The account appears to have tracked activists for years. Facebook messages obtained by The Appeal, show that Bob Smith was friending activists as early as August 2015. One activist, who wished to remain anonymous citing fears of further police scrutiny, said that they received a friend request from Smith as late as February 2017, around the time of protests over President Trump’s travel ban.

In one June 2016 Facebook Messenger conversation with another activist, reviewed by The Appeal, the account claimed to be “Tim Ryan” from “Fayette County.” In their conversation, the account said that he was politically to the “left of Bernie,” referring to U.S. Senator Bernie Sanders of Vermont, and even referenced other Memphis activists in an apparent effort to gain trust and access. The activist responded, “Fuck yes. I’ve been seeking like minded thinkers locally. It’s a relief to know they’re out there.” In a phone call, the activist, who requested anonymity citing personal safety concerns, confirmed that he eventually accepted the friend request. Two months after the conversation in which “Bob Smith” said he was “Tim Ryan,” this activist was arrested at a Black Lives Matter protest for “criminal trespass.”

Activists suspect that this “Tim Ryan” account is operated by Memphis police detective Timothy Reynolds. The released police documents also strongly suggest Reynolds’s involvement with the account. The records show that Reynolds was able to see and identify an activist’s private Facebook post, which he then forwarded to a colleague to screenshot. In court, Reynolds said his personal social media accounts are “locked down” and are “mainly police officers and college buddies.” Because of this, Reynolds’s personal account may not have been able to access such a private post, but “Bob Smith,” a Facebook friend with many activists, could have.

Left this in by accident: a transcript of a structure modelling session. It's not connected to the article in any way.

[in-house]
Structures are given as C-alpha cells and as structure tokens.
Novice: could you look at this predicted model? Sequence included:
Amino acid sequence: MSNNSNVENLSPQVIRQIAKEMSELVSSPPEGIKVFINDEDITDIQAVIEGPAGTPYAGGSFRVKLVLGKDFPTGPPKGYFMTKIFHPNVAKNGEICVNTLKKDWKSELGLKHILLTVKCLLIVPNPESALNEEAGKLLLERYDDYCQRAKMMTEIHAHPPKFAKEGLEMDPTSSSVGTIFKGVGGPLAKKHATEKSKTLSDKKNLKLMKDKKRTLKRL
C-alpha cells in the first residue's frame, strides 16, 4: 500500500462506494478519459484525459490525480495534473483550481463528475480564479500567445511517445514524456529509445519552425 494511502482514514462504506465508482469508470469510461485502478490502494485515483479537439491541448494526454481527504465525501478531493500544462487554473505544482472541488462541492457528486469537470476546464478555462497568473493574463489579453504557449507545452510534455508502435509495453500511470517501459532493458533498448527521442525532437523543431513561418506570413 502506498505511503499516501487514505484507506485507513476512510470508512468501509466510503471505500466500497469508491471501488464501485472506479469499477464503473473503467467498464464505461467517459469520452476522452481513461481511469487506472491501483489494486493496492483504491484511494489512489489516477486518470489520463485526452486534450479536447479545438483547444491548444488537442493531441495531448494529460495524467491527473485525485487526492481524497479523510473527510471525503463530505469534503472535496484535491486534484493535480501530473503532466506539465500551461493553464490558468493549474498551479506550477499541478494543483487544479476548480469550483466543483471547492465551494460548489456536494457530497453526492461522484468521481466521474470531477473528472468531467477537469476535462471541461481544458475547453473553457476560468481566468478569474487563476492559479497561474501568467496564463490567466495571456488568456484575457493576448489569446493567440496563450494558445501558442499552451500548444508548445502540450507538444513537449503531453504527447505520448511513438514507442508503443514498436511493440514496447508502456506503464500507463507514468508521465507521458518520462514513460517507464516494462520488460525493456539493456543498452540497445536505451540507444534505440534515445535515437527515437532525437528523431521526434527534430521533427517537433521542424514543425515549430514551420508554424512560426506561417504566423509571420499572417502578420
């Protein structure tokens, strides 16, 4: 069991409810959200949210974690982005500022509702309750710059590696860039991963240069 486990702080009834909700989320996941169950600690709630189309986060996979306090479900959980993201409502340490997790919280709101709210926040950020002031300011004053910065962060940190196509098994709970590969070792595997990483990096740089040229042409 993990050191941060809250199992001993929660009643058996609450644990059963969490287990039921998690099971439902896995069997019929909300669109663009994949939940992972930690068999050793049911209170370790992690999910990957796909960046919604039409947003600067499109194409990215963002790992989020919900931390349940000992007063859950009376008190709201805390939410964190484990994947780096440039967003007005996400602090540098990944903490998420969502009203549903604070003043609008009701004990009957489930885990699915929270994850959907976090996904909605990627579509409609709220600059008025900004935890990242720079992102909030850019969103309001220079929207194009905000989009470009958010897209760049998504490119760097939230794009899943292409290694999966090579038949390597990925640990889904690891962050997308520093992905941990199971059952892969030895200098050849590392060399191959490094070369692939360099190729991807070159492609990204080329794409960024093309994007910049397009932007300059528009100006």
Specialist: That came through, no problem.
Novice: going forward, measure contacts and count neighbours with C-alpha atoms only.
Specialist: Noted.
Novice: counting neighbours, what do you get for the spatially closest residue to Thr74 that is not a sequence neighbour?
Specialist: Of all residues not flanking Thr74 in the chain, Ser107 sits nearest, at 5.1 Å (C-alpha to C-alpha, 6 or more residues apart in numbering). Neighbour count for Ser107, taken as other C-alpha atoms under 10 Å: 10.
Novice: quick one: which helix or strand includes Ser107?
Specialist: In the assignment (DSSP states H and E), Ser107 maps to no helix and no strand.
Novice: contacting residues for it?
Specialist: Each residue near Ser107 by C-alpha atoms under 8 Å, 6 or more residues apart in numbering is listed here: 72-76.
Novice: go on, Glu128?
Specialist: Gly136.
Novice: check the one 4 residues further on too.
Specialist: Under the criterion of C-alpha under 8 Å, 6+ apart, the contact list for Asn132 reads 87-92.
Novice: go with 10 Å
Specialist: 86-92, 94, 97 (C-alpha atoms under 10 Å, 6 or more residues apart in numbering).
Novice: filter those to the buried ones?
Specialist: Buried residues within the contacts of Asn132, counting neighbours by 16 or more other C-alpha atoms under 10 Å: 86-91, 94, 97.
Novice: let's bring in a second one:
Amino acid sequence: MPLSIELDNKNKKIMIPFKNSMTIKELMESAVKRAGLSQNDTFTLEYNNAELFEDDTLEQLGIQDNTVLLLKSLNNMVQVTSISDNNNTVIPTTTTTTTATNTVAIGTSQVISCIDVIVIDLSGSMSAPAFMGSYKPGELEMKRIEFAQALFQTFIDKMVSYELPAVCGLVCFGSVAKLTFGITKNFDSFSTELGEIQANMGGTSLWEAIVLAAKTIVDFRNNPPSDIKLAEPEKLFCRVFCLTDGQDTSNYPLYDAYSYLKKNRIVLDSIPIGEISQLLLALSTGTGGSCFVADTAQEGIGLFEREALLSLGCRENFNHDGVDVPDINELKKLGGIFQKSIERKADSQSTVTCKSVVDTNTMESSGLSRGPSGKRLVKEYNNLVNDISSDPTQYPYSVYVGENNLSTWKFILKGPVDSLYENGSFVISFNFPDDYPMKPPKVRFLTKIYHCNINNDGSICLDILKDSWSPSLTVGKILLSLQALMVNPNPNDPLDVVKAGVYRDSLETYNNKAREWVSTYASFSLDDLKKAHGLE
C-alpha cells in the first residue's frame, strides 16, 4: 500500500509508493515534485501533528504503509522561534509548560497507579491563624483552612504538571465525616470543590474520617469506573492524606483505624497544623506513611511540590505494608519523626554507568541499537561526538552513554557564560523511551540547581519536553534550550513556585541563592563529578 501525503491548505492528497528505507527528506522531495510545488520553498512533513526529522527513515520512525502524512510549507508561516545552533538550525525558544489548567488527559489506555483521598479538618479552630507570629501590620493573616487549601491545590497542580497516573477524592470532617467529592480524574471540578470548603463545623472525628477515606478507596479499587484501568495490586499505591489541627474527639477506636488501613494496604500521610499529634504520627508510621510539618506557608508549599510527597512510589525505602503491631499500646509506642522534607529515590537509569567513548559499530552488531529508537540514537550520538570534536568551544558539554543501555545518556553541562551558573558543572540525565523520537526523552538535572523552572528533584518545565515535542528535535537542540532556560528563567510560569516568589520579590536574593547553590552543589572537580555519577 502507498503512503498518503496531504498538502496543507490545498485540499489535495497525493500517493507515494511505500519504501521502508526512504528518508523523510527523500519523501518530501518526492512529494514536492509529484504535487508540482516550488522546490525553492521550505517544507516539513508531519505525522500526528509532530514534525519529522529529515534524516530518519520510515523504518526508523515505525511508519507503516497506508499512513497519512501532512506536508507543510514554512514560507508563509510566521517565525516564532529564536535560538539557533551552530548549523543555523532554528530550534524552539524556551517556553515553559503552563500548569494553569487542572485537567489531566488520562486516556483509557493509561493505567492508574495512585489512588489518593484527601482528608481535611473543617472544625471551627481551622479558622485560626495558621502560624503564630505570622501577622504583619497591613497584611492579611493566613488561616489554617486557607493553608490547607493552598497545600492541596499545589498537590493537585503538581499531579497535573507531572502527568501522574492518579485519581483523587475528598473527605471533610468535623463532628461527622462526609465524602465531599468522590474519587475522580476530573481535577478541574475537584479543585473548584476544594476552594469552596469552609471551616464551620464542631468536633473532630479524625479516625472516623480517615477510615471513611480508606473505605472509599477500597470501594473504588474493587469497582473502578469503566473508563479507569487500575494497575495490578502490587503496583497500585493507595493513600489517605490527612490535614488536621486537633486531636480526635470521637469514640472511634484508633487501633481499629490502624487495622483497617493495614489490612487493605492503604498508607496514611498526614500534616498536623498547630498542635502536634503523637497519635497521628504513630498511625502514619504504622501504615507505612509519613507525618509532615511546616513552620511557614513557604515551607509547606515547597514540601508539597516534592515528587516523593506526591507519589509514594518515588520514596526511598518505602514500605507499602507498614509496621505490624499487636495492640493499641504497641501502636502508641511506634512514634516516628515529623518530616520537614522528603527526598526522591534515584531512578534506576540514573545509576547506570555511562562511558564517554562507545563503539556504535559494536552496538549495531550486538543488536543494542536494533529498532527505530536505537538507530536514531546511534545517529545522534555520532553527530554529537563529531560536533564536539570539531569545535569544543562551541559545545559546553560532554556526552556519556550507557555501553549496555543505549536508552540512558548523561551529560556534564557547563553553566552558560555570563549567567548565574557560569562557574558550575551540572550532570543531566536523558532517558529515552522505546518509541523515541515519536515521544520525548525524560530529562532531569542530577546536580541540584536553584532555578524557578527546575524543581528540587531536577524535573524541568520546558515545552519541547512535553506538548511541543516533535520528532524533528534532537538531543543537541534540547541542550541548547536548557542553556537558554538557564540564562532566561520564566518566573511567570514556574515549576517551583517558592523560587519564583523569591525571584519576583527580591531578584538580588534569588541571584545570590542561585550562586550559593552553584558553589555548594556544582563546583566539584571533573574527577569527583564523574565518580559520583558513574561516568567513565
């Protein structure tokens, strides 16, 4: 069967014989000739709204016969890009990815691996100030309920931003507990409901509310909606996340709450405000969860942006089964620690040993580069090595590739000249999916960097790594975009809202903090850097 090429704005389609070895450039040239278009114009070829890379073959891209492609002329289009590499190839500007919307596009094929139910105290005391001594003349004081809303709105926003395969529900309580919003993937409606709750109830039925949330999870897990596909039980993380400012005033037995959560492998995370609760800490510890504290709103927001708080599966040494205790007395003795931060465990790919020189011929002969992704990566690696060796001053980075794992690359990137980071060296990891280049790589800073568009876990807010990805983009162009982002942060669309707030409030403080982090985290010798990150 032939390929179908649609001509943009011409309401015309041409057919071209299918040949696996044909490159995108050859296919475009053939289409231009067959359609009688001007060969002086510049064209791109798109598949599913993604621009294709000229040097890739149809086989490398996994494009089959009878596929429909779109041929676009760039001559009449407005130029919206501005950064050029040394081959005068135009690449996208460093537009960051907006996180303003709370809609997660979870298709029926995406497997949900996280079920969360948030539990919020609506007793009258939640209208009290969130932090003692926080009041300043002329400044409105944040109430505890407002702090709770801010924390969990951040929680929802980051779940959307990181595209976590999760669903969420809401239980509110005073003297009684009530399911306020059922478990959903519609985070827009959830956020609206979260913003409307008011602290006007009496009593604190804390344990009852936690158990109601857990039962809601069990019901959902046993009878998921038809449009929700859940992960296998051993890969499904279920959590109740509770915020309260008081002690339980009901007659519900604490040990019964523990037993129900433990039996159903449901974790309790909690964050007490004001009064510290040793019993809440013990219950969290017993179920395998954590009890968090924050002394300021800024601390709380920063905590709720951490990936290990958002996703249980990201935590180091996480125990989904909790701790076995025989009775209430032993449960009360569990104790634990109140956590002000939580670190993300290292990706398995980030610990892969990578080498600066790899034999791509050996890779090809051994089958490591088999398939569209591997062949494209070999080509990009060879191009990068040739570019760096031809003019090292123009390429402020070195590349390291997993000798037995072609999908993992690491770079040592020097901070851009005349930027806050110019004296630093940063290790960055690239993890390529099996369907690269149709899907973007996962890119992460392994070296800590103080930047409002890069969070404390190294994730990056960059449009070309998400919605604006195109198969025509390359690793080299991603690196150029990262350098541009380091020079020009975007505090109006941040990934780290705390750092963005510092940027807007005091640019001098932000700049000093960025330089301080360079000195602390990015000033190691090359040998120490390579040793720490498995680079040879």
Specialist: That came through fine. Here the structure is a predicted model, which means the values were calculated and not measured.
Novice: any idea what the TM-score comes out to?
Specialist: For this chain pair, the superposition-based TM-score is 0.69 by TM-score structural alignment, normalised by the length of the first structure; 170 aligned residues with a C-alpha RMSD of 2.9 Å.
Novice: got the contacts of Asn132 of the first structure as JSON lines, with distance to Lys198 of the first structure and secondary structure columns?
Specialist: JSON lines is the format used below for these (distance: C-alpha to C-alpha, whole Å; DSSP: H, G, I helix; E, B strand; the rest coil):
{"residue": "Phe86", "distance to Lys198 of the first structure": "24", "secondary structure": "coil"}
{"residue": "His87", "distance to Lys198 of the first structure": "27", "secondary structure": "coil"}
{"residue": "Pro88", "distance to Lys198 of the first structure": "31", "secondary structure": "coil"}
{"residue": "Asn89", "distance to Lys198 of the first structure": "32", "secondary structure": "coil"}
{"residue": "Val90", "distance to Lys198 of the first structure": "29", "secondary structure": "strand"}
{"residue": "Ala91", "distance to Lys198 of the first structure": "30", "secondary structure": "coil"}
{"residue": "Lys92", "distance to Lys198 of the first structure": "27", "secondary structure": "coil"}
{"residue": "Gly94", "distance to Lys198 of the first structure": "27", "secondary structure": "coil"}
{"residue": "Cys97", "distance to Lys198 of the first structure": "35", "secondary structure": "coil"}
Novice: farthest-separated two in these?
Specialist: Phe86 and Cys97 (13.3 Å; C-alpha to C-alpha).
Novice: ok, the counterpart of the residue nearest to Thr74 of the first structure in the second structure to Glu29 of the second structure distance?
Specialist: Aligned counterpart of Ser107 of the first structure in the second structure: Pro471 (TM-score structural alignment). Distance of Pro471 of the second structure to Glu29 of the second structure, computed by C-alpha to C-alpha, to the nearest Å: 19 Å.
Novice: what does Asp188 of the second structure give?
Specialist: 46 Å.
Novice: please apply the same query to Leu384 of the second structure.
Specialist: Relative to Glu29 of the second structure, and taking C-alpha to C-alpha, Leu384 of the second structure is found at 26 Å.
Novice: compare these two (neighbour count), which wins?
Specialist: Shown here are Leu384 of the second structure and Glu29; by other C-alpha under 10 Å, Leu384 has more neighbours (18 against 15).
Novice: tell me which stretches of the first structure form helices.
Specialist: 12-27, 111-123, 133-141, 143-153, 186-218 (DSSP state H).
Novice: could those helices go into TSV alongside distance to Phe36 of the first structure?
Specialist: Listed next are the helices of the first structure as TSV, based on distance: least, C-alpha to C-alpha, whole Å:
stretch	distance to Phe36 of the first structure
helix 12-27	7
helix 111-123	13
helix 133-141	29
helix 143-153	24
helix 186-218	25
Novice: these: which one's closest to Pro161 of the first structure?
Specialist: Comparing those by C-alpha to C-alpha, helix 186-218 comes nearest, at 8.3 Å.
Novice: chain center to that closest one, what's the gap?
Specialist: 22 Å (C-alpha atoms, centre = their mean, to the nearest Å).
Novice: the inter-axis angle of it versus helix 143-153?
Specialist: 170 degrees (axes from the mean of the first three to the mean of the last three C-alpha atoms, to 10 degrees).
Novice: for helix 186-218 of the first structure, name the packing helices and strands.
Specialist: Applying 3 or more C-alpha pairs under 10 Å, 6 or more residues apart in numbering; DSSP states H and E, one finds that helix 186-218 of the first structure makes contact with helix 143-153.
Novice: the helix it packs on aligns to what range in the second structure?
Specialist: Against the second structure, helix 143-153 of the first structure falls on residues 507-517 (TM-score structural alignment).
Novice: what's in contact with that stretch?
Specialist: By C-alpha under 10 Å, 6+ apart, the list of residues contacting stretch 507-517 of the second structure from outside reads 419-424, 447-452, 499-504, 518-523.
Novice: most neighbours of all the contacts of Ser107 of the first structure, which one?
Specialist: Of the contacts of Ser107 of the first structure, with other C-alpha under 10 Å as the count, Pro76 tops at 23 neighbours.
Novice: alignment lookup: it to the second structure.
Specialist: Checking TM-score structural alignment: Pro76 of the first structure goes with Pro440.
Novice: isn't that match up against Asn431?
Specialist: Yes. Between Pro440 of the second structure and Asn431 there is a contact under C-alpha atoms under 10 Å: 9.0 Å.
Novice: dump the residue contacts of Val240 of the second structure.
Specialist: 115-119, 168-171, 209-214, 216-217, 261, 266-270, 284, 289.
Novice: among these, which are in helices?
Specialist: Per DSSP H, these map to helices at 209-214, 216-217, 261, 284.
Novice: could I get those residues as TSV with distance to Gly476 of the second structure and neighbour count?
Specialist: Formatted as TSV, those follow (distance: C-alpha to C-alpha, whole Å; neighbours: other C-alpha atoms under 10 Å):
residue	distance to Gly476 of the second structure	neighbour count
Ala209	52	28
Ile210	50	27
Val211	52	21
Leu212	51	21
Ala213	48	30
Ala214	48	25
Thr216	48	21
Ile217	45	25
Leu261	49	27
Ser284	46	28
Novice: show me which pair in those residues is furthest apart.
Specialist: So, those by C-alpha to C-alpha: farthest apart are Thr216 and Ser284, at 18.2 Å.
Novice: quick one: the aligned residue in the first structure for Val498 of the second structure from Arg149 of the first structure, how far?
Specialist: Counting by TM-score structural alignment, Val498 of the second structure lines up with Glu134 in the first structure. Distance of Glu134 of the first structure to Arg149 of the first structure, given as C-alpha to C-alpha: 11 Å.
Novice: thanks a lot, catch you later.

The court documents also note that Reynolds and a partner were the primary agents leading the department’s social media protest monitoring efforts. Beyond tracking activists and their associates, Reynolds went so far to acquire an undercover cell phone, which he used to contact the same activist that “Bob Smith” friended, while calling himself “Tim Ryan,” according to the documents.

A slide from the Memphis police department's presentation on activists and their friends

The Memphis Police Department declined to respond to The Appeal’s questions about Reynolds’s alleged involvement in the Bob Smith account and other questions about the account’s activities.

In a 2017 interaction with another activist, however, this Bob Smith/ “Tim Ryan” account contradicted his earlier claims. To this activist, he claimed to be from Oxford, Mississippi, and did not give the name “Tim Ryan” when asked, simply calling himself a “fellow protester” and insisting that he was not a cop.

Despite these seemingly clumsy techniques, Memphis organizer Keedran Franklin told The Appeal that several activists let their guard down, as they were getting a flood of friend requests at the height of police brutality protests in 2016. “A lot was going on in the bridge protest, so people got into this culture of accepting friends without checking,” Franklin said in a phone interview. He said that instilling a culture of digital security has become a major emphasis in the activist community since then. “So people would trust it because of their mutuals in the social justice world.”

This approach may have allowed Memphis police to further track the activist community. According to the police deposition documents, as The Appeal previously reported, the Memphis police obtained a friends-only Facebook post of activist Paul Garner, who had recommended a Saul Alinsky book. The police then not only collected information on that post but the names of 58 friends who “liked” the post. In a phone call, Garner said he found such collateral collection one of the most “disturbing” parts of the revelations.